Here’s what it’s come to in employment law today: A federal judge has ruled that an employer has the right to require its employees to show up for work.

And no, the case didn’t involve somebody who wanted to telecommute, or make some other reasonable arrangement to fulfill their job requirements.

This was about a nurse who worked in a neo-natal intensive care unit (NICU) — you know, the place where they take care of really sick newborns, and where, it would seem, having adequate staff could be a life-and-death kind of thing.

Apparently, Monika Samper didn’t agree.

Samper worked for Providence St. Vincent Medical Center in Portland, OR. PSV allowed its employees to take up to five unplanned absences during a rolling twelve-month period. Unplanned absences for things like FMLA, jury duty and bereavement didn’t count towards the limit.

Oh, and one more thing: Each absence, however long, counted as only one occurrence.

Which box do I check to ‘opt out’?

Samper, who suffered from fibromyalgia, a condition that causes sleep disturbances and chronic pain, did not find her employer’s generous absence policy generous enough.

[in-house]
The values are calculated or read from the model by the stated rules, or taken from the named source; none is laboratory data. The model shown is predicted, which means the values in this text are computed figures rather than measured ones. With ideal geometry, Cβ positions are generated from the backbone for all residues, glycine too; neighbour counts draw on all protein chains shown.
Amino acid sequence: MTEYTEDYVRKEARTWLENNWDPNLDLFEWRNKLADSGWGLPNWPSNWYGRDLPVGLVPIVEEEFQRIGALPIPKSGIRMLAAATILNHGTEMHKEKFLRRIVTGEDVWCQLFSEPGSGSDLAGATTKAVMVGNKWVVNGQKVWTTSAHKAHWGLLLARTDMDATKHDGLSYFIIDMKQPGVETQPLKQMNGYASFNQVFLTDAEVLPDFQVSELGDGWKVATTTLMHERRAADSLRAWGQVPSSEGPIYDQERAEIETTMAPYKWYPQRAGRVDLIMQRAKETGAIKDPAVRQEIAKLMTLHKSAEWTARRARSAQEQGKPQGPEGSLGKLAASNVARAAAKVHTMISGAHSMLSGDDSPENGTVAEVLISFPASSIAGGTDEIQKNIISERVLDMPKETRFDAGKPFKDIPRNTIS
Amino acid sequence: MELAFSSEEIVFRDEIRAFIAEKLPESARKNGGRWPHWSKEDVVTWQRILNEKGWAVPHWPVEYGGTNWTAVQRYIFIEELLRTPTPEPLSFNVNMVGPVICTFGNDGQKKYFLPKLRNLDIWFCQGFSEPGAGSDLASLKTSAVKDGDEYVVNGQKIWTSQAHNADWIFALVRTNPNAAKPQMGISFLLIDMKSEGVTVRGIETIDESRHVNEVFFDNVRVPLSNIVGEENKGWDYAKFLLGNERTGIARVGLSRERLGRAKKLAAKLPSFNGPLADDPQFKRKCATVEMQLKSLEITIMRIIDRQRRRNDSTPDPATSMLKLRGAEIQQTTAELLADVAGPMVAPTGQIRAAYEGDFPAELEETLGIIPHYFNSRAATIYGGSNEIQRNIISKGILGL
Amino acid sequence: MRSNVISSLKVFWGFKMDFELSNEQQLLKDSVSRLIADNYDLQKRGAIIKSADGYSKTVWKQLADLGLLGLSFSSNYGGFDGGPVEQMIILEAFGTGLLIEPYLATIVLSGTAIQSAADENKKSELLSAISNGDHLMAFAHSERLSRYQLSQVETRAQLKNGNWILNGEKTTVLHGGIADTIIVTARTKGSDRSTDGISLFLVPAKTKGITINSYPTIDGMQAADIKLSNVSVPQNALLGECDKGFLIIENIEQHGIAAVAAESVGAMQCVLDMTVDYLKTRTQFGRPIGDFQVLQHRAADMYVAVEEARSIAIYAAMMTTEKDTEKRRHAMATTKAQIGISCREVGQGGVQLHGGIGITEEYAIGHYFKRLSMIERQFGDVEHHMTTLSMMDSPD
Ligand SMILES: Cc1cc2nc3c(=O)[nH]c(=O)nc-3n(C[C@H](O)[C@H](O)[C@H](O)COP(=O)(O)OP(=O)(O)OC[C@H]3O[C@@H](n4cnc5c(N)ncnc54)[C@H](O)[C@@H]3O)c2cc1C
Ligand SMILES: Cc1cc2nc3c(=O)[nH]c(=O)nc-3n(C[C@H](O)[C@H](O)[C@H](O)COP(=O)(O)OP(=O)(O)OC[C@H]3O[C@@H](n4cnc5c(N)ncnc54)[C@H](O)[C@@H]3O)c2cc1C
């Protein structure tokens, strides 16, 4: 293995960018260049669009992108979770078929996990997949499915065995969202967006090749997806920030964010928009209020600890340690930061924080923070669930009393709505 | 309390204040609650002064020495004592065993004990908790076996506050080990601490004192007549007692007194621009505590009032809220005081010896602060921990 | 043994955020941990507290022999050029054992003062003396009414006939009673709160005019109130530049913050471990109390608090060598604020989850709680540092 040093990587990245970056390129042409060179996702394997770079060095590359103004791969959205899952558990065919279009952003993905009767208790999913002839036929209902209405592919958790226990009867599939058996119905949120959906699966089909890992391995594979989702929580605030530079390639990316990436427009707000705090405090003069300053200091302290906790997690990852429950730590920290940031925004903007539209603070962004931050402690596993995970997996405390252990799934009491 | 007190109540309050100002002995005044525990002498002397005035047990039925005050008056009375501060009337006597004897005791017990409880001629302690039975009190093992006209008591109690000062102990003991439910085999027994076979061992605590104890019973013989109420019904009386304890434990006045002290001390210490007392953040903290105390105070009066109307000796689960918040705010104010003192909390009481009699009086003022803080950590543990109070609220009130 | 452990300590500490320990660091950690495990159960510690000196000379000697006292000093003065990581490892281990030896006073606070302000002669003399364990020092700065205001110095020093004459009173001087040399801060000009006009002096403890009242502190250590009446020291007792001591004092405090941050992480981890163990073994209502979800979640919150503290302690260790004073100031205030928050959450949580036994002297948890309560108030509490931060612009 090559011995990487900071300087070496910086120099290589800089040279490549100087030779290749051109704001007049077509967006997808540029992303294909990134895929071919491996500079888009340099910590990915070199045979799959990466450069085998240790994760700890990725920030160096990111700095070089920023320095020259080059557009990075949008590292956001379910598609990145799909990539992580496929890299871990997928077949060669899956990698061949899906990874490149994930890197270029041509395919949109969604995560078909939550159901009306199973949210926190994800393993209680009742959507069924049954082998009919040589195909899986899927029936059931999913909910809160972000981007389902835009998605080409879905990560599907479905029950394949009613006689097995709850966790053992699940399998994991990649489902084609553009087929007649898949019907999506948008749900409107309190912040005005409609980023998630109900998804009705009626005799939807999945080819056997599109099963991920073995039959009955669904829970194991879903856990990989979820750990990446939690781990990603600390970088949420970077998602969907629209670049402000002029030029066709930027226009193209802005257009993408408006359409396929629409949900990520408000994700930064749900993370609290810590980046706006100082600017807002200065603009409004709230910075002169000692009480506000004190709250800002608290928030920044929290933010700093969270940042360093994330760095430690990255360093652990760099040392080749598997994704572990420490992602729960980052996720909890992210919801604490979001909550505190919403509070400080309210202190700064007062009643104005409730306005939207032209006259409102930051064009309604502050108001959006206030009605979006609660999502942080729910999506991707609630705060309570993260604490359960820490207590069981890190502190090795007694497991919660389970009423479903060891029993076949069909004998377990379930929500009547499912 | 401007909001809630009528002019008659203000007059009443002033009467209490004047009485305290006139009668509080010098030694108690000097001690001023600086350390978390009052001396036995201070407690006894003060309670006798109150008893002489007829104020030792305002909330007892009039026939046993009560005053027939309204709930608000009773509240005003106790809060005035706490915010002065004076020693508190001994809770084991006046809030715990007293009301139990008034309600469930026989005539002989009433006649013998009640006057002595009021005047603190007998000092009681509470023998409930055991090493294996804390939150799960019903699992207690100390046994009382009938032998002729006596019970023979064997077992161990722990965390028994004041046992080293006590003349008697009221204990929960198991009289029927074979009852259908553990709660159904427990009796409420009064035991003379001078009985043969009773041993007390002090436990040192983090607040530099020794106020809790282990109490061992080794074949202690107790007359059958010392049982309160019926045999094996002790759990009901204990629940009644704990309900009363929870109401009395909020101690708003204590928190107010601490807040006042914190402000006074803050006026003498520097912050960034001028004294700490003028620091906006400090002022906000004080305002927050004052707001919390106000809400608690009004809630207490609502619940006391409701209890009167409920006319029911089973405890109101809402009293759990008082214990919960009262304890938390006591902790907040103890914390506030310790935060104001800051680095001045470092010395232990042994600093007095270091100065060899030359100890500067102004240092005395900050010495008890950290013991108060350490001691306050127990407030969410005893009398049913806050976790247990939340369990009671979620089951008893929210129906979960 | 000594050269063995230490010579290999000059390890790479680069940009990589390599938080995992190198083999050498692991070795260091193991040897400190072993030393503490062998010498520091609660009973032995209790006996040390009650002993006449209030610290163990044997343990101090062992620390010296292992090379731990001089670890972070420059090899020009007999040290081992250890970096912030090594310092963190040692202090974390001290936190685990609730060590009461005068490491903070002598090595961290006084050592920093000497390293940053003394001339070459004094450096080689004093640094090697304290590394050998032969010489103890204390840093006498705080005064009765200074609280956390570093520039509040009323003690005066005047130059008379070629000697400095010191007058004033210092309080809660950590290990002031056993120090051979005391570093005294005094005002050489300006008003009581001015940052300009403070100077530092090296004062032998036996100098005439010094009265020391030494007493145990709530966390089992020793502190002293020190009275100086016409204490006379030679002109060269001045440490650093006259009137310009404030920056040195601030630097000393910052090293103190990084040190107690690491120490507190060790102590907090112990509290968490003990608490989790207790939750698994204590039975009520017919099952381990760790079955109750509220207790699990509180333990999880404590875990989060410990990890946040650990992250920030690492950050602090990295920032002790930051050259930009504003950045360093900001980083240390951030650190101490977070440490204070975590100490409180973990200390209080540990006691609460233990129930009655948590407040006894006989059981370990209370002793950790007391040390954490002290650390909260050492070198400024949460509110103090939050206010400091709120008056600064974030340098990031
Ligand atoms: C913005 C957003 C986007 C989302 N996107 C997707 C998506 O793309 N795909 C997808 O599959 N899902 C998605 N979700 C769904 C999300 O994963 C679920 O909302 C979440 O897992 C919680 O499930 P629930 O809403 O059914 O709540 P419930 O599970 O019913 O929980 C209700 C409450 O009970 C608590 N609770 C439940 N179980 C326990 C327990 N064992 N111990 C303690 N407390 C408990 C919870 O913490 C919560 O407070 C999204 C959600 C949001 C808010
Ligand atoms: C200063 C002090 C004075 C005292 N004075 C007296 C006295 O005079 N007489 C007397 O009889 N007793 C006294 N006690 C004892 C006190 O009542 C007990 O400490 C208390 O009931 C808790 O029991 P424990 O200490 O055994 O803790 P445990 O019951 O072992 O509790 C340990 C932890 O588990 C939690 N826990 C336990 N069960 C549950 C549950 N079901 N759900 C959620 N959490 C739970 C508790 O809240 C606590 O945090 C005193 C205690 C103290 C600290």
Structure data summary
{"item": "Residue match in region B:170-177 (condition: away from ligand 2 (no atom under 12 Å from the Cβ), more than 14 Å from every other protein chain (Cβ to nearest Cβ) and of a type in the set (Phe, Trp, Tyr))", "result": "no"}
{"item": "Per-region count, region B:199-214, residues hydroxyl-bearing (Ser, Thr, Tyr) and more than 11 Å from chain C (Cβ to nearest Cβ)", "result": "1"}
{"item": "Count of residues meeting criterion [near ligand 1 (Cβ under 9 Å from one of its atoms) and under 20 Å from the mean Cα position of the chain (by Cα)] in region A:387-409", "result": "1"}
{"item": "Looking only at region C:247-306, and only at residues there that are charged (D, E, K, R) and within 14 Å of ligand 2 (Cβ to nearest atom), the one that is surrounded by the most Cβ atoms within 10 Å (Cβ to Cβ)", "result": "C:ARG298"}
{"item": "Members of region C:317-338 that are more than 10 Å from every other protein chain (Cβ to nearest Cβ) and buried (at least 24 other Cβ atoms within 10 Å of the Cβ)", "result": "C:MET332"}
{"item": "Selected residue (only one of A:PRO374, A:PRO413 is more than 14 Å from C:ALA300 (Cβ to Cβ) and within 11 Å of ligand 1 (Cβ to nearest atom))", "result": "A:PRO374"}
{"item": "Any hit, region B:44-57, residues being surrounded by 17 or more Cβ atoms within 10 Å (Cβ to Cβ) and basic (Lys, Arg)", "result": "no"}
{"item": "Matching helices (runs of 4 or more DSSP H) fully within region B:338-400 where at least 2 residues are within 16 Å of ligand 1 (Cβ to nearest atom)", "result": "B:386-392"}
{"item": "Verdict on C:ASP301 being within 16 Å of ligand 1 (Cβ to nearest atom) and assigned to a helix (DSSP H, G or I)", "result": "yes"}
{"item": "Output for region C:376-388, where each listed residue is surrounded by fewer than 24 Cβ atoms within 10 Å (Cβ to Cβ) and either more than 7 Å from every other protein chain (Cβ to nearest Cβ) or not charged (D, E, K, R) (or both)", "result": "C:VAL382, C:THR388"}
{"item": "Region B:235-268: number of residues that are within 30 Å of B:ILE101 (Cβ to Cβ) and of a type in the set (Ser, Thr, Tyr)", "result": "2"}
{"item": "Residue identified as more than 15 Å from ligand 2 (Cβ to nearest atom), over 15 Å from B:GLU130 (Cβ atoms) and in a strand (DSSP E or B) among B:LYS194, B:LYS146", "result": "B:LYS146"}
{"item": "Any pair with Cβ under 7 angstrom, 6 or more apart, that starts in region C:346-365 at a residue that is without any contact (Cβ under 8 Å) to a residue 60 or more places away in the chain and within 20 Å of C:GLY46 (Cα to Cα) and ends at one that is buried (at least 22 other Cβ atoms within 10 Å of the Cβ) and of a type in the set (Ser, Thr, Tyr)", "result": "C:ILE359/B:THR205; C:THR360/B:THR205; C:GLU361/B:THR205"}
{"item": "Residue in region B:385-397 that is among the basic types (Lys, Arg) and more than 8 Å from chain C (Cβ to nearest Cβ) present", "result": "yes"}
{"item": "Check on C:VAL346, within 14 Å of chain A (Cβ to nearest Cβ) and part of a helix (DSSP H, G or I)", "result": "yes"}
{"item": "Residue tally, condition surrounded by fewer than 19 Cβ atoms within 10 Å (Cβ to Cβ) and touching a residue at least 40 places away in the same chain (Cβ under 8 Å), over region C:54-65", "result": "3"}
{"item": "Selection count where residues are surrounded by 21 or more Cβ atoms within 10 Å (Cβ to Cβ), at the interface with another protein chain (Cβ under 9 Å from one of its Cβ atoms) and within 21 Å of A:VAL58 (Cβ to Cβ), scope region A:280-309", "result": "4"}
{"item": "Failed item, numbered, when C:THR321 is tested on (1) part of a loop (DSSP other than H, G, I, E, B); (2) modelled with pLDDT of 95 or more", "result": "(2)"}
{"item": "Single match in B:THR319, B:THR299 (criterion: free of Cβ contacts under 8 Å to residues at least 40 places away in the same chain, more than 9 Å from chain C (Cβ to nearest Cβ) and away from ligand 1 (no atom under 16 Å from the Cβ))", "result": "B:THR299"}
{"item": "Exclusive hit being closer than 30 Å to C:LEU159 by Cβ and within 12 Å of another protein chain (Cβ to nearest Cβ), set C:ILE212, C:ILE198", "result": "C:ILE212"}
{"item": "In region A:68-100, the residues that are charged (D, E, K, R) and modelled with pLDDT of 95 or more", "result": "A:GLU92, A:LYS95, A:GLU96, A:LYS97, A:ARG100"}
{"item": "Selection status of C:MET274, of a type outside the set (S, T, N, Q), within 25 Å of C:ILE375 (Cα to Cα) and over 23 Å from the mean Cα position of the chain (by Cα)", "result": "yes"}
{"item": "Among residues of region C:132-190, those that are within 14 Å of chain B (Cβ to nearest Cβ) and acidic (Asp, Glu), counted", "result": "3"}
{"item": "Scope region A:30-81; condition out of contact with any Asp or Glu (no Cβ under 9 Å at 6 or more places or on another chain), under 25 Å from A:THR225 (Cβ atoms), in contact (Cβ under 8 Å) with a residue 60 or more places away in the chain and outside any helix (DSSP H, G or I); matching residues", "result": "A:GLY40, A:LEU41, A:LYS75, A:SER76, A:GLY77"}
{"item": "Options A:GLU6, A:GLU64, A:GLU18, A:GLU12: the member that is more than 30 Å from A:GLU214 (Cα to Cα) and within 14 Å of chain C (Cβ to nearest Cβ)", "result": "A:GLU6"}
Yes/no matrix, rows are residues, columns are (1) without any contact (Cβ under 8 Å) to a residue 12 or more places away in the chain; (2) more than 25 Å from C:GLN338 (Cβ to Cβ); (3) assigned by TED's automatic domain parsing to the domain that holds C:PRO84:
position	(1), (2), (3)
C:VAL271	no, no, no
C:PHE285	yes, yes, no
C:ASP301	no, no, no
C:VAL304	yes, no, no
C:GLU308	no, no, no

She wanted to “opt out” of the hospital’s attendance requirements.

Over an 11-year period, Samper never worked full time, but regularly exceeded the number of unplanned absences permitted for full-time employees.

She was chided several times in performance reviews for her attendance problems, but the unauthorized absences continued.

By all accounts, her employer was remarkably accommodating.

At one meeting called to address her attendance problems, PSV agreed to a “highly flexible” arrangement, in the words of the court — Samper was allowed to call in when having a bad day, and move her shift to another day in the week.

PSV didn’t even require Samper to find a replacement for her shift.

At Samper’s request, the hospital later agreed not to schedule her two shifts per week on consecutive days.

A ‘Herculean’ effort

There’s more to this saga, including Samper’s medical leave, absences to attend a trial involving her spouse, and time off to “obtain counseling” — but suffice it to say that after years of bending over backwards to accommodate her, PSV finally fired Samper.

And she filed a lawsuit, saying her firing violated the Americans with Disabilities Act.

She got shot down. “Despite Providence’s Herculean efforts to accommodate her, Samper’s attendance never met the attendance policy requirements,” the appeals court judge said.

The court closed its ruling with this no-brainer: “Samper’s performance is predicated on her attendance; reliable, dependable performance requires reliable and dependable attendance. An employer need not provide accommodations that compromise performance quality—to require a hospital to do so could, quite literally, be fatal.”

The case is Samper v. Providence St. Vincent Medical Center. To read the full decision, go here.






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